Ternate, along with its neighbouring island, Tidore, is visually dramatic. The entire island is a stratovolcano (Mt. Gamalama) rising straight out of the sea. The islands were once the world's only producers of cloves. It was this monopoly that allowed the sultanates to become the wealthiest and most powerful within the Malay Archipelago. Prior to European arrival in the early 1600s, Ternate was the dominant political and economic power over the majority of the "Spice Islands" of Maluku. Today, Ternate City is the largest town in the province of North Maluku, with a population of just under 200,000. There are still plenty of historical relics of the islands turbulent past. It was on Ternate that the eminent naturalist Alfred Russel Wallace wrote his paper on Natural selection and famously sent it to Charles Darwin in 1858. This led to the presentation and publication of what became known as the Darwin – Wallace theory of natural selection.
Bunaken Marine Park was established in 1991 and was among the first of Indonesia's growing system of marine parks. It covers a total area of 890.65 km², 97% of which is marine habitat. The remaining 3% of the park is terrestrial, including the five islands of Bunaken, Manado Tua, Mantehage, Nain and Siladen. The southern part of the Park covers part of the Tanjung Kelapa coast. A rich coral ecosystem covers most of Bunaken National Park, comprising fringing and barrier reef systems. At least 390 species of hard coral have been recorded in the waters of the Park. There are seven times more genera of coral than in Hawaiian waters, and more than 70% of all the known fish species of the Indo-Western Pacific. The area is densely populated, with 22 villages inside the park comprising about 35,000 people. Most locals work as fishermen or farmers cultivating coconut, sweet potato, banana or seaweed for export, while a small number are employed in tourism as dive guides, boat operators and cottage staff.
Batu Putih(Indonesia) : The first conservation area at Mount Tongkoko was established in 1919. The Duasaudara area was added in 1978 and the Batuangus and Batuputih areas in 1981. Together they comprise a total area of 8,718 hectares officially known as the Tangkoko Batuangus Nature Reserve. Tangkoko Batuangus Nature Reserve protects at least 127 mammal, 233 bird and 104 reptile and amphibian species. Of these 79 mammals, 103 bird and 29 reptile and amphibian species are endemic to the island of Sulawesi. Threatened mammals include the Celebes crested macaque, of which about 5,500 remain on the island, spectral tarsier, Sulawesi bear cuscus and Sulawesi dwarf cuscus. Birds include the knobbed hornbill, Sulawesi hornbill and maleo.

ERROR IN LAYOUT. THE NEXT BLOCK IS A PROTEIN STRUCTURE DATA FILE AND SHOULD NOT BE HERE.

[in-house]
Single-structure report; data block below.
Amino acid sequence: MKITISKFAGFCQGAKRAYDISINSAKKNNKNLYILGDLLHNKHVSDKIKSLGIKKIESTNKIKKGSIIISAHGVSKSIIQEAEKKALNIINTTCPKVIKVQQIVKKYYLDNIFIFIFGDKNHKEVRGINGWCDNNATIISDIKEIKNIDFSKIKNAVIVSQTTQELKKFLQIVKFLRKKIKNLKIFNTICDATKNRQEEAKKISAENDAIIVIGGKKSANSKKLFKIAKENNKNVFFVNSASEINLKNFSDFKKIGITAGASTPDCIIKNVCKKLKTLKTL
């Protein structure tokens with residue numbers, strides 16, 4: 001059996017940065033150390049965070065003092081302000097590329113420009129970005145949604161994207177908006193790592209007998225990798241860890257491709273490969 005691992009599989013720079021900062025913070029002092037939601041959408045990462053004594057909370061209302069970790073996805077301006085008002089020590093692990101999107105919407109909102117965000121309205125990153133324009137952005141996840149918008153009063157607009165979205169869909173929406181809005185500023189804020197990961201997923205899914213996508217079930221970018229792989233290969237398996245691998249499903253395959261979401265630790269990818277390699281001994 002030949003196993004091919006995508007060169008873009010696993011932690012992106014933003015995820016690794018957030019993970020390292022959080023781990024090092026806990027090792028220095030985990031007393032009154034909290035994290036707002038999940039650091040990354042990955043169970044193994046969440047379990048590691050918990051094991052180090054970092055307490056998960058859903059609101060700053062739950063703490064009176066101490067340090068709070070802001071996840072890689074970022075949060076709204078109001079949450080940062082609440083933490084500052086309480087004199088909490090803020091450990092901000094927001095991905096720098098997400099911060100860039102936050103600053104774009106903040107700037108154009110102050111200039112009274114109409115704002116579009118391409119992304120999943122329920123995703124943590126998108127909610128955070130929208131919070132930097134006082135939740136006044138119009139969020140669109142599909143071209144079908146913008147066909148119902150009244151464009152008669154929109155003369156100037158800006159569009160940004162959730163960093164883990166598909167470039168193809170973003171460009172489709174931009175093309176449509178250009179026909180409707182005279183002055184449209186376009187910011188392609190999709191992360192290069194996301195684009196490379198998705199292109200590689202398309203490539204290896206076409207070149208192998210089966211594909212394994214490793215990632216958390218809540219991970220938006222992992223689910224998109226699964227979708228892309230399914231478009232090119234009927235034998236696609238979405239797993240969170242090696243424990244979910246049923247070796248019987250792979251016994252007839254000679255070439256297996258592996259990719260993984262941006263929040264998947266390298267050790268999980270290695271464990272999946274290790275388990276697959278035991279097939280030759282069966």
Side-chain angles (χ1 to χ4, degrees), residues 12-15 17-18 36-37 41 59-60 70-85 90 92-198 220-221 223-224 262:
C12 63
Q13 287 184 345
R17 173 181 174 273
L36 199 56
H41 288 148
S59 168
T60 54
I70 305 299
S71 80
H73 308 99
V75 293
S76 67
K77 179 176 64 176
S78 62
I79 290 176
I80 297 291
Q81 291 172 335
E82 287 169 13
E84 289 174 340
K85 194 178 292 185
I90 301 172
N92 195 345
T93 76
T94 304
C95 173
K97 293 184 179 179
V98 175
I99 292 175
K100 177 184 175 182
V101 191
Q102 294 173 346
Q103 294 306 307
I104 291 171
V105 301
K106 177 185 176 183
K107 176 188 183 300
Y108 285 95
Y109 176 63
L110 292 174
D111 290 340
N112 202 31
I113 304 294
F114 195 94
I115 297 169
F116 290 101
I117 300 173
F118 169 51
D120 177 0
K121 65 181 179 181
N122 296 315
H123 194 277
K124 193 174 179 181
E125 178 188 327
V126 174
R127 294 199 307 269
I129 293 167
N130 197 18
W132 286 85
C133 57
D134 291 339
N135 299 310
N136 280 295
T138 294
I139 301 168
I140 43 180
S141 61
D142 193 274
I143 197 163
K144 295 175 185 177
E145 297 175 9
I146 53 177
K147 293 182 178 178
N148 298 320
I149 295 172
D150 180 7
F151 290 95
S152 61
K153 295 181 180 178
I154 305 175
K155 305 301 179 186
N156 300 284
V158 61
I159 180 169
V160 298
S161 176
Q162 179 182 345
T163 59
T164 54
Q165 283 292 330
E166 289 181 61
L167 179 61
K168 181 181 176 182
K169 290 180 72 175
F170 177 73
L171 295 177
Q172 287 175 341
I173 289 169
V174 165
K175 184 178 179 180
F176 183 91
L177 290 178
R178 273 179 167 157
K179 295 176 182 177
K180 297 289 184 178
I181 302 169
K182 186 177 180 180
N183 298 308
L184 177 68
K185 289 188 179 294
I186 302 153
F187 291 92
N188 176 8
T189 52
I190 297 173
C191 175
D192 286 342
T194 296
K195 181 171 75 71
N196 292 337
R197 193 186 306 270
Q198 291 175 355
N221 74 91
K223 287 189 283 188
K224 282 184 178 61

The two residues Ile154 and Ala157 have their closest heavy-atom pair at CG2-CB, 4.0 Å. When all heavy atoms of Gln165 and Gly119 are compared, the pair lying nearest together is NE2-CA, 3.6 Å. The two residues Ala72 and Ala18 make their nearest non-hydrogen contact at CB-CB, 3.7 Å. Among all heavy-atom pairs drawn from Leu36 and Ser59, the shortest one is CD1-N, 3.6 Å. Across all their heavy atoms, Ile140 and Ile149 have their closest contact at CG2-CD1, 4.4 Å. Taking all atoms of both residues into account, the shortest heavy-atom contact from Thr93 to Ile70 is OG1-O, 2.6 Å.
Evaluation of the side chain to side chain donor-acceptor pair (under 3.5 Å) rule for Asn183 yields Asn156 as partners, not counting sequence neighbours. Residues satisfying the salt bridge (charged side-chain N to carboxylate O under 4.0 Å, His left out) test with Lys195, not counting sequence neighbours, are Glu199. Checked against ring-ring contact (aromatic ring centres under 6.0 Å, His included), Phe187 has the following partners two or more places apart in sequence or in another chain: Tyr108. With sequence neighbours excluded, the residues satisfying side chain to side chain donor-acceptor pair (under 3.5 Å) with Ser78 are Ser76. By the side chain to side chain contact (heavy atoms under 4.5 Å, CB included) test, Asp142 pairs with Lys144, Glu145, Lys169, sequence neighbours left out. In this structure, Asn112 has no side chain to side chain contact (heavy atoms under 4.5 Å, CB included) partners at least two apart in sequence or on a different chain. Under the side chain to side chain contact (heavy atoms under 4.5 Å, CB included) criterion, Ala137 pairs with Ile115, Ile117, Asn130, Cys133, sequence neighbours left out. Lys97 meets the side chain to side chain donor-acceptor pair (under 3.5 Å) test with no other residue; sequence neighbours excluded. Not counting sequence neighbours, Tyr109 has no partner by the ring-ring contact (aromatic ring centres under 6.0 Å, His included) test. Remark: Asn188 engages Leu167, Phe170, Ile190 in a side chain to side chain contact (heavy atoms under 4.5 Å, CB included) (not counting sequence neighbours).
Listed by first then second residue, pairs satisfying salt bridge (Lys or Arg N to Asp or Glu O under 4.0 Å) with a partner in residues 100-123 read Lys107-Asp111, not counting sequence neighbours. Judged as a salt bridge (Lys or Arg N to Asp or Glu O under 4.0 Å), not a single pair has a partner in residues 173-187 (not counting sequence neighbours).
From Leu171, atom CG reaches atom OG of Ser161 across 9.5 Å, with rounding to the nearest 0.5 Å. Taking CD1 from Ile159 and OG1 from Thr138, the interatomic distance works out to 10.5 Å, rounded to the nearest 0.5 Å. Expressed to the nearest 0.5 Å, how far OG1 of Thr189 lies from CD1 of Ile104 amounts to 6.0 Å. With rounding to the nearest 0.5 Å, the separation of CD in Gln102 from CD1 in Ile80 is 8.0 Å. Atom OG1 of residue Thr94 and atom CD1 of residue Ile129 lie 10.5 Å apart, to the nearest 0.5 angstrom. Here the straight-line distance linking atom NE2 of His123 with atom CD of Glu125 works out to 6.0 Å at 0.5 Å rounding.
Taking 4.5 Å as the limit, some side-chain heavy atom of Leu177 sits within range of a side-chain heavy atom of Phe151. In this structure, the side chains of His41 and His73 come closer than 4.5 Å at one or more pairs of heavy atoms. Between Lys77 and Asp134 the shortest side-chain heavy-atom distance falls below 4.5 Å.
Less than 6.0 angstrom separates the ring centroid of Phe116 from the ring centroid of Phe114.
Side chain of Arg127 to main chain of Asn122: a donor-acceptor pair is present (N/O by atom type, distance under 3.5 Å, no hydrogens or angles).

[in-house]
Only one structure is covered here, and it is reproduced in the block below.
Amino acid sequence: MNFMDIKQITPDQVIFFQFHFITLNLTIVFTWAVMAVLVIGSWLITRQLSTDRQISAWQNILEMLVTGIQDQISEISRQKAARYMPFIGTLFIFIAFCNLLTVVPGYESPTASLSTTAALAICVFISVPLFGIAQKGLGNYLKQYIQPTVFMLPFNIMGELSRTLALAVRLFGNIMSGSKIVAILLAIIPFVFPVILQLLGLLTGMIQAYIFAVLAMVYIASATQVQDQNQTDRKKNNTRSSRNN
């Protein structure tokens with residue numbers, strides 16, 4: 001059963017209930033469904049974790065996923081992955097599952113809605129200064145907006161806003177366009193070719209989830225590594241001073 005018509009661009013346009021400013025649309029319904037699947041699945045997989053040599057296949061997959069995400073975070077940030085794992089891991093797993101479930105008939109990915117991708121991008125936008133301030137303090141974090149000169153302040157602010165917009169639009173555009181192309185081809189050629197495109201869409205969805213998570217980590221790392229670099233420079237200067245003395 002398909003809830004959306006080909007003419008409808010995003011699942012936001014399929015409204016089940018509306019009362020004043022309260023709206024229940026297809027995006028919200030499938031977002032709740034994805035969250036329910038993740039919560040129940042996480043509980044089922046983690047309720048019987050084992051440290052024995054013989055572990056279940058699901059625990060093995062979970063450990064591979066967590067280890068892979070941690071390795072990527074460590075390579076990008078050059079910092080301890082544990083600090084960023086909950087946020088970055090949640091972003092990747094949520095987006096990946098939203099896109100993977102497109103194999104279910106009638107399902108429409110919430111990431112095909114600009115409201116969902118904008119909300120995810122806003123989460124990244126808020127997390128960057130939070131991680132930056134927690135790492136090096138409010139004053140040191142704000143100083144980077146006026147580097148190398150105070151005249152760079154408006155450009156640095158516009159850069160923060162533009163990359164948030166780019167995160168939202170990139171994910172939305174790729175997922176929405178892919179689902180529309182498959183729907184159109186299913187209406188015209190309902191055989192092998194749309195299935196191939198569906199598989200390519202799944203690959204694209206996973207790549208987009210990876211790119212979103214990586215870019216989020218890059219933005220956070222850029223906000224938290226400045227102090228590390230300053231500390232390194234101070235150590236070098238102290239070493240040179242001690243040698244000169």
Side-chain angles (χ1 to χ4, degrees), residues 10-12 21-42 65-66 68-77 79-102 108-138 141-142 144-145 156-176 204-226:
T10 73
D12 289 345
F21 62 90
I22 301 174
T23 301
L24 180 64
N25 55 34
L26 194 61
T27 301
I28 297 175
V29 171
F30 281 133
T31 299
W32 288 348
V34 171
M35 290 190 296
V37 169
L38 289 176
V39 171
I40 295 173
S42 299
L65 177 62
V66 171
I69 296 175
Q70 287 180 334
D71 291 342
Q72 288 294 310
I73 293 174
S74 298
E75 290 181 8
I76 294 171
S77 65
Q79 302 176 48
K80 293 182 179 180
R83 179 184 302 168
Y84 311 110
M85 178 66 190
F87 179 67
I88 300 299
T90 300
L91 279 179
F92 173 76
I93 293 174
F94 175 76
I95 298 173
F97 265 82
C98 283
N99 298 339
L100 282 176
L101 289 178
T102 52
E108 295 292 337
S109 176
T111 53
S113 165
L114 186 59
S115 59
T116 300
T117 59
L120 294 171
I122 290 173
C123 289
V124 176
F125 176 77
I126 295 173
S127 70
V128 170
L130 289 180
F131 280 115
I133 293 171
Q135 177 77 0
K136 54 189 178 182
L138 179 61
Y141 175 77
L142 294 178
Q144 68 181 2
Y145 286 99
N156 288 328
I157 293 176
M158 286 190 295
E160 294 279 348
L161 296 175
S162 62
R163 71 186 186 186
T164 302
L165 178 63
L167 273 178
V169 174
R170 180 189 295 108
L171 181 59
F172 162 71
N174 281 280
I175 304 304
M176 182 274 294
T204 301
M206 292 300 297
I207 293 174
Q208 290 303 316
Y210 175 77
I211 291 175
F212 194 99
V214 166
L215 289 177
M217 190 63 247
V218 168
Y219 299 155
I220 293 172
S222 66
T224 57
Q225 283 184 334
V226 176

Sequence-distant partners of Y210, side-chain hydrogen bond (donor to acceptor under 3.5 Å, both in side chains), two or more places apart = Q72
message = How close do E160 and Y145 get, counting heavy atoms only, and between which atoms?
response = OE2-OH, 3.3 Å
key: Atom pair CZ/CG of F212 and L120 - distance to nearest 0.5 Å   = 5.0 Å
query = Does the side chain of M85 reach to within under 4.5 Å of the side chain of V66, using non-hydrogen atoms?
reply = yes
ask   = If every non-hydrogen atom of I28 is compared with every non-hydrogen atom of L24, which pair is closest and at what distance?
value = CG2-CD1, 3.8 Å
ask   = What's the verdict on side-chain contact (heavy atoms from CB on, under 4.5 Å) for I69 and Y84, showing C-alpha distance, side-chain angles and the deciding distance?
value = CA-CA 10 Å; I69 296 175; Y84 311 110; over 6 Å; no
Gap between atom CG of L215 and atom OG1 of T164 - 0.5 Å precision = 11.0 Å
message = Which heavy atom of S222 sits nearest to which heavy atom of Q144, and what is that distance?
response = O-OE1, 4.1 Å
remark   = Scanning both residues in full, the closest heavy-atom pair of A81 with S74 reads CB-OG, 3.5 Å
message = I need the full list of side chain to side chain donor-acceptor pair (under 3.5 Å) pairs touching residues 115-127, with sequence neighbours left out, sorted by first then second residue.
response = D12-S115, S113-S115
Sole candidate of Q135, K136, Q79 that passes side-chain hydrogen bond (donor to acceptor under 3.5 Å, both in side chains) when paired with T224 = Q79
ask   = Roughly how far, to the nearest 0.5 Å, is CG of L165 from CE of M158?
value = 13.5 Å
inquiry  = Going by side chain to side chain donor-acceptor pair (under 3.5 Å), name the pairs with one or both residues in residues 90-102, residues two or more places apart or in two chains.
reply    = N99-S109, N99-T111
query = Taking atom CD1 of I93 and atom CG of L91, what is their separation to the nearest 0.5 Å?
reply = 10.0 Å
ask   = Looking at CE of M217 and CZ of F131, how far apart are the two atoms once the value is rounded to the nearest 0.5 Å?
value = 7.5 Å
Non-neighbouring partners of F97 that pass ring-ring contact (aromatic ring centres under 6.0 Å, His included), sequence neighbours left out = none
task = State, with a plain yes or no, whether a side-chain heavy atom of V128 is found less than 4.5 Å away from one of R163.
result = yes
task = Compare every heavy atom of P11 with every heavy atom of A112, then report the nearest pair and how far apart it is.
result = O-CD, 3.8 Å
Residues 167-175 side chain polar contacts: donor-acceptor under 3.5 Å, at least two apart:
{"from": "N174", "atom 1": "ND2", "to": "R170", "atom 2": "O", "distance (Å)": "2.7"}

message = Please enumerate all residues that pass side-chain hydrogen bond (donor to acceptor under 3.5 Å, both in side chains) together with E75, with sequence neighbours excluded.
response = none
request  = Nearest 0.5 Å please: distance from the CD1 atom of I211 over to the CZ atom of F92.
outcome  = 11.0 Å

The Saronde islands are located in the northern Gulf of Kwandang, part of the North Gorontalo regency. These small uninhabited are surrounded by clear waters and beautiful coral reef systems. Due to the remote nature of this destination there is very little information available.
On leaving Sandakan, discover the Orang-Utan Rehabilitation Centre. Located in the North-West of Borneo, the protected reserve of Kabili Sepilok covers some 43 ha. The Orang-Utan is the only Asian representative of the great apes and this primate, whose Malaysian name means “man of the forest” is easily recognizable by its long arms and its flamboyant orange fur. Aside from mothers and their young, Orang-Utans are a solitary species that spend most of their life swinging from the tops of tall trees. Here, orphaned animals or those born in captivity are taught to live independently so that they can be returned to their natural habitat, which are always very moving moments. This reserve offers you the opportunity to admire these adorable creatures in their natural environment.
The historical city of Sandakan is the second largest city in Sabah after the capital, Kota Kinabalu. It is located on the north east coast of the island of Borneo and is the administrative centre of the Sandakan Division. It was the former capital of British North Borneo and has an estimated population of 157,330. Sandakan is the gateway for eco-tourism destinations in Sabah such as the Sepilok Orang Utan Sanctuary, Labuk Bay proboscis reserve, The Kinabatangan River and the Gomantong Caves. It is also the notorious site of a World War II Japanese airfield which was built by the forced labour of Javanese civilians and Allied prisoners of war. In 1945, the surviving prisoners were sent on the Sandakan Death Marches—with only 6 surviving.
Kota Kinabalu was formerly known as Jesselton and is the capital of the Malaysian state of Sabah, on the island of Borneo. The city is located along the northwest coast of Borneo facing the South China Sea. The Tunku Abdul Rahman National Park lies on its west and Mount Kinabalu, which gave the city its name, is located towards the east.